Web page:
Thanks to some strained vocal chords, Mayim Bialik can't speak for a month. And if some people have their way, you not only won't be able to hear her — you won't see her, either.
The actress used an altered still from The Big Bang Theory to illustrate her outrage over a strict religious policy.
"Some super-duper ultra Orthodox Jews think women's faces should be blotted out of ads and photos," Bialik, who is herself Orthodox Jewish, posted. "[The Jewish Orthodox Feminist Alliance] showed what I might look like under this absurd restriction."
Sheldon's face pretty much says it all.
Some super duper ultra orthodox Jews think women's faces should be blotted out of ads and photos... @Jofaorg showed what I might look like under this absurd restriction. #Repost @jofaorg ・・・ This one goes out to one of our favorite people who knows #frumwomenhavefaces #mayimbialik #jofabulous #feminism #fightwithlaughter
Bialik's post comes after Instagram personality Adina Miles, a.k.a. Flatbush Girl, claimed that Brooklyn's Flatbush Jewish Journal asked her to blur an image of herself for an ad she was running in their paper. The New York Daily News reported that Miles was told her face violated "modesty rules." In response, the Orthodox Jewish mother posted the ad with a crying-with-laughter emoji over her face.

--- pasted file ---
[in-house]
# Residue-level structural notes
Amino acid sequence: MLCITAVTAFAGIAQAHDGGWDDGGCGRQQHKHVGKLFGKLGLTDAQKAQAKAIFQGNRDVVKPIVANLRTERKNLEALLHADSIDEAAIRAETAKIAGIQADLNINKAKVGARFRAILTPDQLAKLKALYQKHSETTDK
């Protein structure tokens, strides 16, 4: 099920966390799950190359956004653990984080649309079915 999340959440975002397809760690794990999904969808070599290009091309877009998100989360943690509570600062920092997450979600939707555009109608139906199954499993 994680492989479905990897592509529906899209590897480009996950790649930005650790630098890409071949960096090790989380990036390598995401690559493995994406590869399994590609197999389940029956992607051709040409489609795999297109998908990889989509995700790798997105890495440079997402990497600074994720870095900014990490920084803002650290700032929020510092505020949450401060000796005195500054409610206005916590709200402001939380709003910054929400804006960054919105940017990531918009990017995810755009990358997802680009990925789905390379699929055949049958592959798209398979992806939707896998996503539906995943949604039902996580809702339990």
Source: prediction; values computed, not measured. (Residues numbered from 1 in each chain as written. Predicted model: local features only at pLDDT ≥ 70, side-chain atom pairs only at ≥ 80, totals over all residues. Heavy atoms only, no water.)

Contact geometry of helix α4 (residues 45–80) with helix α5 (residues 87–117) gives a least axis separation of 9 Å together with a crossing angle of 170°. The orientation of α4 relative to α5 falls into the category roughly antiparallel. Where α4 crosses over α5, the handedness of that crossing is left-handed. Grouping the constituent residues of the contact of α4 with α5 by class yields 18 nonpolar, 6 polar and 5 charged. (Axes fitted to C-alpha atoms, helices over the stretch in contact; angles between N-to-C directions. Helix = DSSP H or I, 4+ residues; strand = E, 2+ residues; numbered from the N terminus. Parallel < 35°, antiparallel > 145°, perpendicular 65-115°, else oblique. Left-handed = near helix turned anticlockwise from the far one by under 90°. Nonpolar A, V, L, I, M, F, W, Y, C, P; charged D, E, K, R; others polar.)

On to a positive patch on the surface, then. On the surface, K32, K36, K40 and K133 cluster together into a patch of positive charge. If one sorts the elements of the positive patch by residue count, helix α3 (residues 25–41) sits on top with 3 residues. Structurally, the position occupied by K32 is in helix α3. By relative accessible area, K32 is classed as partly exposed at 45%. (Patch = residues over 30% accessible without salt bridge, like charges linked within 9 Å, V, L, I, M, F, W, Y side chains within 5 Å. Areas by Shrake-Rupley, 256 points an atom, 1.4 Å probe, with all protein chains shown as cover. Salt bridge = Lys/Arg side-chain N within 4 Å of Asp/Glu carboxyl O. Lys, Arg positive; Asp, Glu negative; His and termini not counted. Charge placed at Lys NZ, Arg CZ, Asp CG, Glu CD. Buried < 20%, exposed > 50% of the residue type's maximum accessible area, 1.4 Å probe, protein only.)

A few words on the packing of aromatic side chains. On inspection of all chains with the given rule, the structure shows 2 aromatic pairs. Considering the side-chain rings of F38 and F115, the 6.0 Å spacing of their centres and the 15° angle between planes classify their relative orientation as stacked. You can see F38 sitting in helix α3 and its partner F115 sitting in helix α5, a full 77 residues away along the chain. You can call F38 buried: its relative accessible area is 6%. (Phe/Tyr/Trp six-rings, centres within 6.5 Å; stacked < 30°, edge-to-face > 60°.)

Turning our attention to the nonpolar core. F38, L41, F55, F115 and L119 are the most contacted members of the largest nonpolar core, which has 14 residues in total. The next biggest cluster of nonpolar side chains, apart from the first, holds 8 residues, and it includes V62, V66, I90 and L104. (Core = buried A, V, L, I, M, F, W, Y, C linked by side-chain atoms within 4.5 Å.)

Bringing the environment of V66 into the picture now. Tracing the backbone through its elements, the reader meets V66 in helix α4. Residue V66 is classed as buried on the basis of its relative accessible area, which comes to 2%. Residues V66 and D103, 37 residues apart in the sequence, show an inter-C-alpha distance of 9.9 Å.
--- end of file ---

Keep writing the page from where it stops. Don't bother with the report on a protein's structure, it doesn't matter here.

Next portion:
Miles' experience has inspired a #frumwomenhavefaces social media movement, hence Bialik's post. While Miles has been targeted by trolls for speaking out — many comments accuse her of everything from infidelity to dressing inappropriately — the former Blossom star seems to be getting plenty of support on Instagram.
"We shouldn't have to hide to not be objectified," noted one fan, while others chimed in with their own experiences of seeing women running afoul of the so-called modesty rules.
And then there's this observation from one of Bialik's biggest cheerleaders: costar Jim Parsons.
"We're still a pretty cute couple, no?" he commented. "Too soon??? I love u."
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